Alan Murray, the former deputy managing editor and online executive editor of The Wall Street Journal, has been named editor of Fortune. Murray joins the TIME Inc. publication following a short stint as president of the Pew Research Center.
Murray was CNBC’s Washington Bureau Chief from 2002 to 2005, where he co-hosted “Capital Report with Alan Murray and Gloria Borger.” Borger is now with CNN.
Murray, who will be just the 17th editor of 84-year-old brand, succeeds Andy Serwer, who is leaving the company. Murray’s first day will be August 25.
In a 2010 interview with MediabistroTV, Murray talked about the future of business news on TV and online. “When I think about news journalism. I think about reporters who are paid to go out and find the truth. They’re human beings, so they have their own biases. But they are trained to try and get over those biases and find the truth. That kind of reporting I find less and less on television.”
“Fortune is one of the great brands of American journalism,” Murray said in a statement, “and my experience has convinced me great brands can not just survive, but thrive in the new media world. I’m humbled to be following in the footsteps of the likes of Andy Serwer, John Huey and Marshall Loeb, and I look forward to leading Fortune into an exciting new future.”
The author of four books, Murrary began his journalism career as the business and economics editor of the Chattanooga Times. He also worked at the Congressional Quarterly in Washington and at the Nihon Keizai Shimbun in Tokyo on a Luce Fellowship.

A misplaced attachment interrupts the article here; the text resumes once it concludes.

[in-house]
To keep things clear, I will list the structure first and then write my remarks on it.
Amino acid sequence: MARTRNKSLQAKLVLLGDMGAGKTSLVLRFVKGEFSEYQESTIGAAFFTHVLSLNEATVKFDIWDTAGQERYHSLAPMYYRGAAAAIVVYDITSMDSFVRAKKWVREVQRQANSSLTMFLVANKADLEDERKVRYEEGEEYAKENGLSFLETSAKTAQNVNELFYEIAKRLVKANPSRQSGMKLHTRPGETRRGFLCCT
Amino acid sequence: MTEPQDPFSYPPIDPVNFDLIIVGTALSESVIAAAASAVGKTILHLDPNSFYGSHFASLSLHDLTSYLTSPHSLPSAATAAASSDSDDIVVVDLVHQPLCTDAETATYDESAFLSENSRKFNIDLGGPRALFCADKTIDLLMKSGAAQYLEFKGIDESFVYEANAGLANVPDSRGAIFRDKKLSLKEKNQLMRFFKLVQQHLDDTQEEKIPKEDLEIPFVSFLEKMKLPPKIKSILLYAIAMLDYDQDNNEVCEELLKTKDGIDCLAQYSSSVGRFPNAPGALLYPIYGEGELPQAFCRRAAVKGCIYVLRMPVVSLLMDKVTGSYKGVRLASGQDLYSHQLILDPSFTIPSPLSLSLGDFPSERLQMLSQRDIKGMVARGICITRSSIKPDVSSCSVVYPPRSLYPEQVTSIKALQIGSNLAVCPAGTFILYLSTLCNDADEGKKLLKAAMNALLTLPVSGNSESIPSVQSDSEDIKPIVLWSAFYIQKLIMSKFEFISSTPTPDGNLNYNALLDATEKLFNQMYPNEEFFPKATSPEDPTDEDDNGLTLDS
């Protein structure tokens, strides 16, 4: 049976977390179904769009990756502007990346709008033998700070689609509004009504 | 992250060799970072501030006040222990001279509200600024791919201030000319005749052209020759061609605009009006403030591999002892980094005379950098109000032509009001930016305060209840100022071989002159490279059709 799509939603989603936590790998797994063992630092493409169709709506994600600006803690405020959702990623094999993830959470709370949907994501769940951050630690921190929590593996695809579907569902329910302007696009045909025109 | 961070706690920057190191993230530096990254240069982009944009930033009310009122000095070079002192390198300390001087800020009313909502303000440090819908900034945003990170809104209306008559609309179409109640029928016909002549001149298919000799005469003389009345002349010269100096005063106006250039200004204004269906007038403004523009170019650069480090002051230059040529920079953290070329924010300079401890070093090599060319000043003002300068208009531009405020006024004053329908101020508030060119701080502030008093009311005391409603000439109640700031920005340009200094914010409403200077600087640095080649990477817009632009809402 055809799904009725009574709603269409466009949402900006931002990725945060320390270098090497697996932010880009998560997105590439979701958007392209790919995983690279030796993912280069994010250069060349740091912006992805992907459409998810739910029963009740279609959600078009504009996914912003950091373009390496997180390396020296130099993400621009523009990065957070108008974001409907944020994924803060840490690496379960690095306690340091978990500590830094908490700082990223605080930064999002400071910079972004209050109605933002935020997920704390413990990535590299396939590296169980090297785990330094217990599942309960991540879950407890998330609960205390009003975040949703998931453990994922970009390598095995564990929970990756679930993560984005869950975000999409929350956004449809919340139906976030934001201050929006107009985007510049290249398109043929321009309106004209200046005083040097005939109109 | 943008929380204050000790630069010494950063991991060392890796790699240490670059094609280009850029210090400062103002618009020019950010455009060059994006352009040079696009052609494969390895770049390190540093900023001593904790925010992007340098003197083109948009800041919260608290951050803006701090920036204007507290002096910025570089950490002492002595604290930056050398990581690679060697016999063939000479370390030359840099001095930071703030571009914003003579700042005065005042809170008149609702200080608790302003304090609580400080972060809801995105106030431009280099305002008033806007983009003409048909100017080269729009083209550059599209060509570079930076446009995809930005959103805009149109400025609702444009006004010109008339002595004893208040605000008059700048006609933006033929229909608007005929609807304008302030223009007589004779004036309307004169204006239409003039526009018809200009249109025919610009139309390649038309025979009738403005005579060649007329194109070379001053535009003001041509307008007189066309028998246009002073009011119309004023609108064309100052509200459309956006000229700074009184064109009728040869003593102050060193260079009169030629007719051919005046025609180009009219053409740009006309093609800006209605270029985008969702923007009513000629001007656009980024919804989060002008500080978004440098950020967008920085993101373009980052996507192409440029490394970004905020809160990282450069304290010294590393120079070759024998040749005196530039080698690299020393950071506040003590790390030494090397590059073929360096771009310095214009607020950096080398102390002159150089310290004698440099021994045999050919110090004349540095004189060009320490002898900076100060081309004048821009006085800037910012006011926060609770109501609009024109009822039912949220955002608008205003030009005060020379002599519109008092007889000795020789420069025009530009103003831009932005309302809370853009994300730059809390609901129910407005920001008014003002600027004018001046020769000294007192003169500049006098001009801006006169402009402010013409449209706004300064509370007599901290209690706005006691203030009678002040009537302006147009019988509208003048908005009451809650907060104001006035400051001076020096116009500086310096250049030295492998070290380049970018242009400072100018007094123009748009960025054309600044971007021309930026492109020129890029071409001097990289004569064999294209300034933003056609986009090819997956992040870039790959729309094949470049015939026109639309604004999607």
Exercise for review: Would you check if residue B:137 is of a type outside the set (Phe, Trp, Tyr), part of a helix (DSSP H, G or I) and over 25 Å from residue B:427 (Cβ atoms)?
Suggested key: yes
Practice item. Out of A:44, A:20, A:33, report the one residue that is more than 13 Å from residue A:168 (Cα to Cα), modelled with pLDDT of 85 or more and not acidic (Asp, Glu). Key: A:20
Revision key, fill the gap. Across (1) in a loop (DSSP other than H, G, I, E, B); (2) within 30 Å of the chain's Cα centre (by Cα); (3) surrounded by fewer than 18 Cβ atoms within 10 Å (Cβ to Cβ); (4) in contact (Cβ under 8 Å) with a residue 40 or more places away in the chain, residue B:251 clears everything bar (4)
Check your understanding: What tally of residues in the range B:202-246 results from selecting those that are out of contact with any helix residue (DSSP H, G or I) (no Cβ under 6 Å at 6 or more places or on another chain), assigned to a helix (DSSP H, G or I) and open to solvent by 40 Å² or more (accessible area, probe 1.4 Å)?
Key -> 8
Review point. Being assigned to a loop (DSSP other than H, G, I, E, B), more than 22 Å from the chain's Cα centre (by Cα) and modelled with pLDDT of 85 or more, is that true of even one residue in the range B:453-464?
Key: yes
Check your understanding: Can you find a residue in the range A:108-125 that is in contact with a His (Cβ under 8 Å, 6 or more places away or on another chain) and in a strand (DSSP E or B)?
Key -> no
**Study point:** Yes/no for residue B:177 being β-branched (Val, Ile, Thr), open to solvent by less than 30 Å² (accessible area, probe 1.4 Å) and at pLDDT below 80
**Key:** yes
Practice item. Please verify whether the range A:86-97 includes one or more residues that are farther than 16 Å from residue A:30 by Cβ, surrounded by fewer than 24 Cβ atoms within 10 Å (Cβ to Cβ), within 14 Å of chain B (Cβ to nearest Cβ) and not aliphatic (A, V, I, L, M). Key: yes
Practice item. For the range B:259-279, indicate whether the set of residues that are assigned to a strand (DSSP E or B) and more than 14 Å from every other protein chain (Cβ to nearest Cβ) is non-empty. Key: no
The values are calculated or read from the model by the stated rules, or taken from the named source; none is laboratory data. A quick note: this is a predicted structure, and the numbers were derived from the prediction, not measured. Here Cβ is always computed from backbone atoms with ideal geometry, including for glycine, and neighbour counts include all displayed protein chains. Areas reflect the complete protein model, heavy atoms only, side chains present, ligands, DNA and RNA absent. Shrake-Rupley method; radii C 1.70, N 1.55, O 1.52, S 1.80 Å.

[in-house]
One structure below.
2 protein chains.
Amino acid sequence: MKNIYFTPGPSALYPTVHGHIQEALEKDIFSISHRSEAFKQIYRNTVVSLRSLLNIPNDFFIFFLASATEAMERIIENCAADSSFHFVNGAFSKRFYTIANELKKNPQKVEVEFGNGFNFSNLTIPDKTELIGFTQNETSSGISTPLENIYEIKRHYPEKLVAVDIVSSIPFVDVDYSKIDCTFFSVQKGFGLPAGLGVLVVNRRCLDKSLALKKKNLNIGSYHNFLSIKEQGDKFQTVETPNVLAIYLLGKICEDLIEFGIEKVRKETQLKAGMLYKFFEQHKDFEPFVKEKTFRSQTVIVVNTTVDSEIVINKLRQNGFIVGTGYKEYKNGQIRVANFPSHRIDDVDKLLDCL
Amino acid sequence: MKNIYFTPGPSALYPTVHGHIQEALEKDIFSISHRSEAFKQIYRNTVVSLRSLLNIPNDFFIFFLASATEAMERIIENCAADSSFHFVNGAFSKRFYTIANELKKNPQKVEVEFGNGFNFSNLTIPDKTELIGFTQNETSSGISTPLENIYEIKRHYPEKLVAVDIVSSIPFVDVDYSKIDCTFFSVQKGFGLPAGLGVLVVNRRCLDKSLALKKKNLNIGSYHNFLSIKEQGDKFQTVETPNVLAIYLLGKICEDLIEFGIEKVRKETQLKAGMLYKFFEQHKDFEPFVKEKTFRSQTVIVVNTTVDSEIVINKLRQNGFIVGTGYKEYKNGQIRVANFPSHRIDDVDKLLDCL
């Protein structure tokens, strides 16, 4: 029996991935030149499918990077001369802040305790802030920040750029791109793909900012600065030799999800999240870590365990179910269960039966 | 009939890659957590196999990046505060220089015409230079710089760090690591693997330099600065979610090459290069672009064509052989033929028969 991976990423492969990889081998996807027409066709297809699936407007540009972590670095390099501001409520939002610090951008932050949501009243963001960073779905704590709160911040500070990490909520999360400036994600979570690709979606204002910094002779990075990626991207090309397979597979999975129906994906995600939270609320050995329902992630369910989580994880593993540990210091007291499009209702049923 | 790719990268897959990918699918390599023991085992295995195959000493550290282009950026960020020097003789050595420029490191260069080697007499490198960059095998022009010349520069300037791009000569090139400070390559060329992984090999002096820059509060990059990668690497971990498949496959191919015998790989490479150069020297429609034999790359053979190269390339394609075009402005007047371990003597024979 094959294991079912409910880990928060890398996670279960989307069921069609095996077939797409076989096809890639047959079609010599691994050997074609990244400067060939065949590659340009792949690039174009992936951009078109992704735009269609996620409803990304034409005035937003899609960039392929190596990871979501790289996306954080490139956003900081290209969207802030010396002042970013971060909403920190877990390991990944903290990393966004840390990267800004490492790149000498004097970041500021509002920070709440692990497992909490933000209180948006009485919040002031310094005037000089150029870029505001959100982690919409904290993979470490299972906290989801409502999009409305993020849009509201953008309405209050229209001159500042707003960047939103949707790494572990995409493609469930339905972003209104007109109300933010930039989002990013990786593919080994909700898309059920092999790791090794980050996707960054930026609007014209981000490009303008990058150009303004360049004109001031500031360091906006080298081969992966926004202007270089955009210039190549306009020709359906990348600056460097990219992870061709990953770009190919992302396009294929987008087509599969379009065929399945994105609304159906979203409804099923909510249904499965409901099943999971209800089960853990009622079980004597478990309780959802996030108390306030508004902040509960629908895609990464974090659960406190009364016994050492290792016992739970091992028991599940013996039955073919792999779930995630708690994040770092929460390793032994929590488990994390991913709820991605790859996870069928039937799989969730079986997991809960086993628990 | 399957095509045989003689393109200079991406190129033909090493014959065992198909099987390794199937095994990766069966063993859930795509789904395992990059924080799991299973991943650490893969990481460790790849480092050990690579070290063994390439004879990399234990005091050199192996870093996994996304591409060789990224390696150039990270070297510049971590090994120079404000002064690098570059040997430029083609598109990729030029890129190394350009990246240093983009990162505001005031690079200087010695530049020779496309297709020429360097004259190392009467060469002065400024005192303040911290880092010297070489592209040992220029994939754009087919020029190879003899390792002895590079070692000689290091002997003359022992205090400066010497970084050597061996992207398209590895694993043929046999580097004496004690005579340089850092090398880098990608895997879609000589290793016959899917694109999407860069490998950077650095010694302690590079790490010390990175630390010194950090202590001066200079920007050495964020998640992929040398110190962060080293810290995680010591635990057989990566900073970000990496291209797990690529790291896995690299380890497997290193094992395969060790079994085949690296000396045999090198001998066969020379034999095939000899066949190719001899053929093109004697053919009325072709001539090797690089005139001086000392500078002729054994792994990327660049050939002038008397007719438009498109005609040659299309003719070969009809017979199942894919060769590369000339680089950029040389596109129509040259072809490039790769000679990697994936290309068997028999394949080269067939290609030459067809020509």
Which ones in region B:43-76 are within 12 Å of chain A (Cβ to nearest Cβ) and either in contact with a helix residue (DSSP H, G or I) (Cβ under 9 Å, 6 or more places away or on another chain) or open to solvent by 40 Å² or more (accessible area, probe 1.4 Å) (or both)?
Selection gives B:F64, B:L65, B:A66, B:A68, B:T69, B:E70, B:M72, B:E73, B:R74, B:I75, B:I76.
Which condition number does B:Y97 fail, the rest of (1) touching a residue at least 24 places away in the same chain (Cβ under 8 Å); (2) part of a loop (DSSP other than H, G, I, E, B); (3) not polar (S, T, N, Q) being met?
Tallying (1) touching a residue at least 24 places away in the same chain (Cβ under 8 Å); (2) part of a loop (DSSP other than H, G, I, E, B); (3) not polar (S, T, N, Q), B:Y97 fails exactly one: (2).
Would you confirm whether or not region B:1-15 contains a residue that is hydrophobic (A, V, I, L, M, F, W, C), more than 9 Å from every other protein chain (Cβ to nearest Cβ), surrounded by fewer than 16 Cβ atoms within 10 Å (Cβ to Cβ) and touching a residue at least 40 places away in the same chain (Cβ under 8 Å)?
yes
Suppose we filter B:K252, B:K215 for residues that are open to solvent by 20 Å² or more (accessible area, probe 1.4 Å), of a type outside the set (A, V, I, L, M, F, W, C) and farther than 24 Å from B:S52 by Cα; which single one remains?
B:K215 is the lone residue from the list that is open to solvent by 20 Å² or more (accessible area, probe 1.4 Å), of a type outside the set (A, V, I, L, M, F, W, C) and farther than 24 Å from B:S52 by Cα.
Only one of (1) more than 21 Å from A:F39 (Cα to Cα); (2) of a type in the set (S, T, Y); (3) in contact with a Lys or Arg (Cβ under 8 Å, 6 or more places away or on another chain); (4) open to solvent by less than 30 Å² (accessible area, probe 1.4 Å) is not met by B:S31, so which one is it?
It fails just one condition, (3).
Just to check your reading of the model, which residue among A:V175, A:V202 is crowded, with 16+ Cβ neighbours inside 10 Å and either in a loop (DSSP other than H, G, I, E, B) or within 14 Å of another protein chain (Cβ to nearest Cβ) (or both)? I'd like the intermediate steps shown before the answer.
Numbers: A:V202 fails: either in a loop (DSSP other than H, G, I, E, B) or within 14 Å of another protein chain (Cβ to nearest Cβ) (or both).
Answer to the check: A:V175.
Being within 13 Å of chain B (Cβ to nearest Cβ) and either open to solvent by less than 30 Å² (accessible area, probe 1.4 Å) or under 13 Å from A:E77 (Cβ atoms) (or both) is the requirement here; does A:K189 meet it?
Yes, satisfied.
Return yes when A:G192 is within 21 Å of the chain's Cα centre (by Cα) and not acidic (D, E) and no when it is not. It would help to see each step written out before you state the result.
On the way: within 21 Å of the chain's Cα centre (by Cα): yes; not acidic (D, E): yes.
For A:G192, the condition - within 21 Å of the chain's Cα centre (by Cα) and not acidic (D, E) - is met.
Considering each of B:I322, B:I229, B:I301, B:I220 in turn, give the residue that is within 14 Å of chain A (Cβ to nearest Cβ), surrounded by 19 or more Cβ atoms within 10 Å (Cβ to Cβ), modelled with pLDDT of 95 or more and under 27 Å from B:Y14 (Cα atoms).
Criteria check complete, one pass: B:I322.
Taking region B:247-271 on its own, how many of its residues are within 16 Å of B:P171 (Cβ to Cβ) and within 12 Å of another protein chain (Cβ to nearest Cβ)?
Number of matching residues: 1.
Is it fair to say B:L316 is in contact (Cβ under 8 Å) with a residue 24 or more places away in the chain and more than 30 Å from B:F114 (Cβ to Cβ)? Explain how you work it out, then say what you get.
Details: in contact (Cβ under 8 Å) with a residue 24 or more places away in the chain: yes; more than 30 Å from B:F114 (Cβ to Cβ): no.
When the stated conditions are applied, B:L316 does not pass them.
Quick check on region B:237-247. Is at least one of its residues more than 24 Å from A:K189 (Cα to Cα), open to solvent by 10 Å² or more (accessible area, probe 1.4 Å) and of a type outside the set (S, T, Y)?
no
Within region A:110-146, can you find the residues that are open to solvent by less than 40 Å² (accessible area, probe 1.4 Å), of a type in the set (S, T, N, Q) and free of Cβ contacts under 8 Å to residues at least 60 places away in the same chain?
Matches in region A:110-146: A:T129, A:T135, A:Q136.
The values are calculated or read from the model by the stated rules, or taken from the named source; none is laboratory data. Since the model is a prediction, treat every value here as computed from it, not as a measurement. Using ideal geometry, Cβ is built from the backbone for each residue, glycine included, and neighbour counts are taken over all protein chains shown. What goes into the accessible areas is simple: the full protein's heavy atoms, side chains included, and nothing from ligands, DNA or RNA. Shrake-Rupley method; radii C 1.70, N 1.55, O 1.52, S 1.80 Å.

More Here’s Murray’s note to the Pew staff.
It is with very mixed emotions that I announce I am leaving at the end of the month to become Editor of Fortune magazine.
This is not a job I was looking for, or sought. But Fortune, created by Henry Luce some 85 years ago, is one of the nation’s great and enduring journalistic brands. It is one of only two places I applied to work after finishing my graduate degree. The opportunity to lead this iconic news organization into the new media world does not feel like just another job opportunity. It feels like a calling, and it is one I find impossible to resist.
I will miss this place immensely. I was an ardent consumer and user of the Pew Research Center before coming here in November of 2012. In the nearly two years since, I have become so much more than that. I am in awe of what you do, your intelligence, your rigor, your overwhelming dedication to your work. This is a very special place and you are a very special group of people. I am deeply grateful for the opportunity to serve the organization for the last two years.
I feel like we have done a lot together, mapping out the right path to the future. But I also believe you don’t really need me to achieve that future. This is not my strategy we are executing; it is yours, reflecting the efforts all of you put into forging it last year. It is also a strategy built in careful consultation with the board of the Center, and the leadership and board of The Pew Charitable Trusts, and one that they fully support.
You also have a very strong leadership team in place, overseen by Michael, Elizabeth and now Robyn. That troika, as well as all the managing directors, will serve you well going forward. Jim McMillan, general counsel of the Trusts and a member of our board, will serve as acting president during what all hope will be a brief search for a new president.
I will be in the office until August 1. My door is open and I will welcome the chance to talk.